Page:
HILLSBOROUGH COUNTY, Fla. (WFLA) -- Hillsborough County is taking a bold new step in reforming its juvenile justice system.
Instead of being arrested, juveniles caught committing most misdemeanors will now be a given a civil citation.
The Juvenile Arrest Avoidance Program began August 1. It is part of a partnership between the county's law enforcement agencies and the court system.
Hillsborough County State Attorney Andrew Warren calls the current system dysfunctional, if not broken, and admits the old way simply wasn't working.
"It's not a free pass and that's what we want to make very clear," said Col. Donna Lusczynski with the Hillsborough County Sheriff's Office.
The program will help teenagers who find themselves in trouble with the law for the very first time. It's designed to scare them straight so they won't break the law continuously.
"I mean it gives people a second chance," said Tampa Assistant Police Chief Mark Hamlin. "It gives officers and deputies some discretion to do the right thing by a child."
Most misdemeanor crimes like shoplifting, pot possession and resisting arrest qualify. The juveniles will not qualify if they are a threat to public safety, and will need to meet certain conditions like meeting with a case worker, going to treatment, counseling and community service. If they complete it, the case is closed with no charges and no record.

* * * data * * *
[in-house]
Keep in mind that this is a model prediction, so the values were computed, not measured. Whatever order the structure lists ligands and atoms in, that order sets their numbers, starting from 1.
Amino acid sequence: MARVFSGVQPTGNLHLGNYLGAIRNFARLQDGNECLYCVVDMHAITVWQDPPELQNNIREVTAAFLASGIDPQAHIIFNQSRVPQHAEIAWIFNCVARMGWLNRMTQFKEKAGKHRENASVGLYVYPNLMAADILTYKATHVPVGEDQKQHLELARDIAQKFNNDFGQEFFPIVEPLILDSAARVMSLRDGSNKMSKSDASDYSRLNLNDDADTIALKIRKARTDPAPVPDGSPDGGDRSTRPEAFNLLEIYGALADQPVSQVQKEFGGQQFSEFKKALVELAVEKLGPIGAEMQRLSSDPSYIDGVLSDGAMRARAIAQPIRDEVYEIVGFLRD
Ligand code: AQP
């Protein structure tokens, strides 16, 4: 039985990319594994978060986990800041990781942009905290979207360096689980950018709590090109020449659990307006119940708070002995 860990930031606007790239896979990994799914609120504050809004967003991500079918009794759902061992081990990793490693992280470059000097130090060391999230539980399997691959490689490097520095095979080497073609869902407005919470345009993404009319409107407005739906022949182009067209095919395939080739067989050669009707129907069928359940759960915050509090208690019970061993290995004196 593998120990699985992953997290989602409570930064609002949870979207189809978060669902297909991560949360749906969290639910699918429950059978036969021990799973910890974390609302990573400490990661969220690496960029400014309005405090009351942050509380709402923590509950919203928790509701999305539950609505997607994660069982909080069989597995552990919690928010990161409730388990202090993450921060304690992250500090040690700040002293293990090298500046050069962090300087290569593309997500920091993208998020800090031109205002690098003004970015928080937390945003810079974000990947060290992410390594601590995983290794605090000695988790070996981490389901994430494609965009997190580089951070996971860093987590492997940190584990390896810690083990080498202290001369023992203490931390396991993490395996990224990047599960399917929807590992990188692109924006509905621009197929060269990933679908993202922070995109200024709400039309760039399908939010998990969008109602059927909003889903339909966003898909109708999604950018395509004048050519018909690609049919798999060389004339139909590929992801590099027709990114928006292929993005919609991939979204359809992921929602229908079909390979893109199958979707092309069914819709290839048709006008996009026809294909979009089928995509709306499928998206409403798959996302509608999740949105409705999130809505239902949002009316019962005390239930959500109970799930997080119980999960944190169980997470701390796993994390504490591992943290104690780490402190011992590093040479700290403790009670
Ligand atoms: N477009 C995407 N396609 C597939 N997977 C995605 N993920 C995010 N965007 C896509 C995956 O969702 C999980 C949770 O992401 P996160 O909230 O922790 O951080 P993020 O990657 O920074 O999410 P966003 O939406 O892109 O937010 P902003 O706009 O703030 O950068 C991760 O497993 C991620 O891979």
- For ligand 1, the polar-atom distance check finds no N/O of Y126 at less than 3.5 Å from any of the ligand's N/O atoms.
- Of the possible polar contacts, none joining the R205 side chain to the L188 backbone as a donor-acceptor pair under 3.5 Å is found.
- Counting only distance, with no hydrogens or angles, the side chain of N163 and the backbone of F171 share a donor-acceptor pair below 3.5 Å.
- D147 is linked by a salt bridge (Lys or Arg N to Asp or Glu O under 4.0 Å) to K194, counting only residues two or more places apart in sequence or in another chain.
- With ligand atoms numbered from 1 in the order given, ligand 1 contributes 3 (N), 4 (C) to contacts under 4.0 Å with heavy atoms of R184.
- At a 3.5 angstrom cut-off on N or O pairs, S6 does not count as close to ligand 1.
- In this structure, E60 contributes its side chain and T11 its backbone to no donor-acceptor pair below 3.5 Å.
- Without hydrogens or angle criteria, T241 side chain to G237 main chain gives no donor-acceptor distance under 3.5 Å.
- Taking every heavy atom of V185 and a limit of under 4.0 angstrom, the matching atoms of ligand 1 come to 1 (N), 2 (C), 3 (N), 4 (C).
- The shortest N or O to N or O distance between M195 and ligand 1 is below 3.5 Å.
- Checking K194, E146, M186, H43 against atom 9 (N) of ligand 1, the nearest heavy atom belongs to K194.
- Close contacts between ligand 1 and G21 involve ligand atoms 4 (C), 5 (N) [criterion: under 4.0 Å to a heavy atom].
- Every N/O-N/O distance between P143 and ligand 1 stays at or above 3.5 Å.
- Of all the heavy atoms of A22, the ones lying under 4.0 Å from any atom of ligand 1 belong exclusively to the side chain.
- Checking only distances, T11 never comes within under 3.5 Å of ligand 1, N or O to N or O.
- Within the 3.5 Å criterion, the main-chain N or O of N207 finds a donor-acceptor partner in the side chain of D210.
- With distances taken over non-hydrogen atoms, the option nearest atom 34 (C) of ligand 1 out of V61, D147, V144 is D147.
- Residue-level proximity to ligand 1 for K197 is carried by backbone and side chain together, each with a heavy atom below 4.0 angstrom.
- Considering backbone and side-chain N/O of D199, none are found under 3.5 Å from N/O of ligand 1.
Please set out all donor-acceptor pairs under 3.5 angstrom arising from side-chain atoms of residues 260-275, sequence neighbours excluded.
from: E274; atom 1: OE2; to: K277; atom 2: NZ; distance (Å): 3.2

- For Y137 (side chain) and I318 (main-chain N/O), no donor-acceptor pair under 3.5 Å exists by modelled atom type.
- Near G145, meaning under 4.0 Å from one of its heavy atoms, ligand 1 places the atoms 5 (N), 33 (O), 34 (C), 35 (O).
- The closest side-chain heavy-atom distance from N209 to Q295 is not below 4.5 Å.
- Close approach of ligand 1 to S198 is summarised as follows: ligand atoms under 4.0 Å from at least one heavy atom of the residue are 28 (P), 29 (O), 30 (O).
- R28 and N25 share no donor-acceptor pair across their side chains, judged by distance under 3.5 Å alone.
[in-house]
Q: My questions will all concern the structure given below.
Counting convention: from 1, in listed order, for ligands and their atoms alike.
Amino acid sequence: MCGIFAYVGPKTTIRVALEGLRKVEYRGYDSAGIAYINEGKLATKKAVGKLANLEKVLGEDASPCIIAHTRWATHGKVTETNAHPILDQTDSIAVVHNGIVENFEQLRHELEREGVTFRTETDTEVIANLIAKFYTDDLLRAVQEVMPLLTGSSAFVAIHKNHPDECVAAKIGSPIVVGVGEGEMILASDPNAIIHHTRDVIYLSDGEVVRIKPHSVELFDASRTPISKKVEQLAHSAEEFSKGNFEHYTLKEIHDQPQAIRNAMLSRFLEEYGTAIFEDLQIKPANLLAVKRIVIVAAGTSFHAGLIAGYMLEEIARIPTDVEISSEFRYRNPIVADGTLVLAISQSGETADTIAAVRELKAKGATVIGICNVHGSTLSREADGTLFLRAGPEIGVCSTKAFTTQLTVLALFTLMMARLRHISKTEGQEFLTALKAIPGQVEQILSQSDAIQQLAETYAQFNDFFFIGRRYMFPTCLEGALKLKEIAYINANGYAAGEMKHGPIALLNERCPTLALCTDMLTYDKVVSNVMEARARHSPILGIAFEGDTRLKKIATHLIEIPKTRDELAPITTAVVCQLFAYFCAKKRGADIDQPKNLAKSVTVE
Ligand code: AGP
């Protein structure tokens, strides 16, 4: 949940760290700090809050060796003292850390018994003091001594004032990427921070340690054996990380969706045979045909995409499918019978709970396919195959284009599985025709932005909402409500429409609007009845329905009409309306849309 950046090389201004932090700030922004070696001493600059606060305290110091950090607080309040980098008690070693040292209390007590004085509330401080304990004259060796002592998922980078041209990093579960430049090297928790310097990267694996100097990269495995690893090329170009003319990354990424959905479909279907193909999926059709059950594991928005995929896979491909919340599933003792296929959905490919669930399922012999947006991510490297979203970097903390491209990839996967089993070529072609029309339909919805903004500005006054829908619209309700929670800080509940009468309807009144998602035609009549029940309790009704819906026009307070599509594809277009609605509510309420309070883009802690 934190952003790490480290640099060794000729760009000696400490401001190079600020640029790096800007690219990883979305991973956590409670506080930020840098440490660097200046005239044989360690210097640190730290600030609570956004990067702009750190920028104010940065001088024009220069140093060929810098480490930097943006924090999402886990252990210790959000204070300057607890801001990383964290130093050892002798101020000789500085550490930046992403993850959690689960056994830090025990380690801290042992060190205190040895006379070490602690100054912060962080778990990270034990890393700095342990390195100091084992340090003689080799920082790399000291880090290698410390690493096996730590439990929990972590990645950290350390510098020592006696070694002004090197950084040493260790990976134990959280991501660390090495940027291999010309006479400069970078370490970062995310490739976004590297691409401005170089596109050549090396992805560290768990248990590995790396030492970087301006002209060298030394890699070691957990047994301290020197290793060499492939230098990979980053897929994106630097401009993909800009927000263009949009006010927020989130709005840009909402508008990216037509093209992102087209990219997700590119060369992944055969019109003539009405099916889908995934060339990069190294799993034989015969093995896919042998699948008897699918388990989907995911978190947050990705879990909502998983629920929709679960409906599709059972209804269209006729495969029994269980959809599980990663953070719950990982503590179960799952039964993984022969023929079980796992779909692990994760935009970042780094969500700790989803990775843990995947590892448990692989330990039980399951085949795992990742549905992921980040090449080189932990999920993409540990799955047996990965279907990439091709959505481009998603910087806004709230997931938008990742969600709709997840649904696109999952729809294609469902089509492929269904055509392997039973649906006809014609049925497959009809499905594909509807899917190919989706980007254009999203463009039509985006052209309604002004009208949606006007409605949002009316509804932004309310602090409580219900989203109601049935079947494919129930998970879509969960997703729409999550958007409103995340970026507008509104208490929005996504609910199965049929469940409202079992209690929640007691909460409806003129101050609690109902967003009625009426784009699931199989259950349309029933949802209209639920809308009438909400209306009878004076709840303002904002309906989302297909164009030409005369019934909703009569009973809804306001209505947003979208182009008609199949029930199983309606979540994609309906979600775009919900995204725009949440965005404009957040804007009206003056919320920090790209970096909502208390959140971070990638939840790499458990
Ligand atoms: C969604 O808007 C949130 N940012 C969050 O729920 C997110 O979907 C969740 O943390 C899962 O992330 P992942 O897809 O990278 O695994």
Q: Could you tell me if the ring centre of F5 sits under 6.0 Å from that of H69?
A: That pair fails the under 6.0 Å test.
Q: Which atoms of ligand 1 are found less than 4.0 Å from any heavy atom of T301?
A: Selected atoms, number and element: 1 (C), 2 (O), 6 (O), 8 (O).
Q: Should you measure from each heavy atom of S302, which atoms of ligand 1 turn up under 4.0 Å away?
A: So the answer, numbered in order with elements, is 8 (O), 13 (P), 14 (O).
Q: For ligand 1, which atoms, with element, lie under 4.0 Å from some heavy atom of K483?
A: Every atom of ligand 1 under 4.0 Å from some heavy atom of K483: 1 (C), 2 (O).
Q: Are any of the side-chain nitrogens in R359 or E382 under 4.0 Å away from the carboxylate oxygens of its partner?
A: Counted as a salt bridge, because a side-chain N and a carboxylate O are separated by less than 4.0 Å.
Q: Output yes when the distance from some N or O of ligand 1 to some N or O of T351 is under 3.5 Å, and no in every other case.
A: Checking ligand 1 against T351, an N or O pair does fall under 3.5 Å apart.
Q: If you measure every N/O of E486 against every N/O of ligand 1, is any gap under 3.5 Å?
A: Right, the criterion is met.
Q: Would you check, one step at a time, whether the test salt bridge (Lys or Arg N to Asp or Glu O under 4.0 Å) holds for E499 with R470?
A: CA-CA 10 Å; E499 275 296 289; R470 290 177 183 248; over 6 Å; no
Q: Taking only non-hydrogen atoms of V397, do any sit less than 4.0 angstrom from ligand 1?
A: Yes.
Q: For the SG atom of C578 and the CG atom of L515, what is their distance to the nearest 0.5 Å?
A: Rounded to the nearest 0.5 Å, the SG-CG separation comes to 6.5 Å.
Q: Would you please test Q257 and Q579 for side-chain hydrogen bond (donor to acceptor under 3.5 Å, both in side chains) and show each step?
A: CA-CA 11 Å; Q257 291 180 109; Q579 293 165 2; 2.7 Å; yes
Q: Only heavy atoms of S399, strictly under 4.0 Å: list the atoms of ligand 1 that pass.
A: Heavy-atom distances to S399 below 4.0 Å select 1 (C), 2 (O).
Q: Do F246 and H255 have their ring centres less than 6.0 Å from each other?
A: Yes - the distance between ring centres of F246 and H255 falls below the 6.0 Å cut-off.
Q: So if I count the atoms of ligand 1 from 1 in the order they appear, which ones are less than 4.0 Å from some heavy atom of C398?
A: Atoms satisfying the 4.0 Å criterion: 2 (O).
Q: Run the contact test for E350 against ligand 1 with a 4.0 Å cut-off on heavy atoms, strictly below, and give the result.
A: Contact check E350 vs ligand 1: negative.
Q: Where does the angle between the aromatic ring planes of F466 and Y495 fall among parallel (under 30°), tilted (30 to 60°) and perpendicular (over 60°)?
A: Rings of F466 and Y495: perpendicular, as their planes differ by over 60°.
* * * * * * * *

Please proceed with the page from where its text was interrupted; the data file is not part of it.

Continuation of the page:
"And not have that on their permanent record so that they could seek employment, they could go to the military, go to college and not be questioned with a criminal history in their background," Col. Lusczynski said.
If there's no parent or role model, community policing will come in.
"The officers are assigned the same neighborhoods every day and they start developing relationships with juveniles and sometimes they see they're going down the wrong path and they begin mentoring them," Assistant Chief Hamlin said.
The program also has financial incentives. It costs $400 to get into the citation program. Prosecuting the case costs around $5,000 and then it's about $55,000 a year to keep them locked up.
"By not going to court, by not having officers and deputies pulled off the street and going to court, it can save us money for there but that money then has to be redirected to the services to make sure that the kids get what we need," Col. Lusczynski said.
"If this program works for that certain child, it's going to be invaluable," said Assistant Chief Hamlin.STORIES OTHERS ARE CLICKING ON
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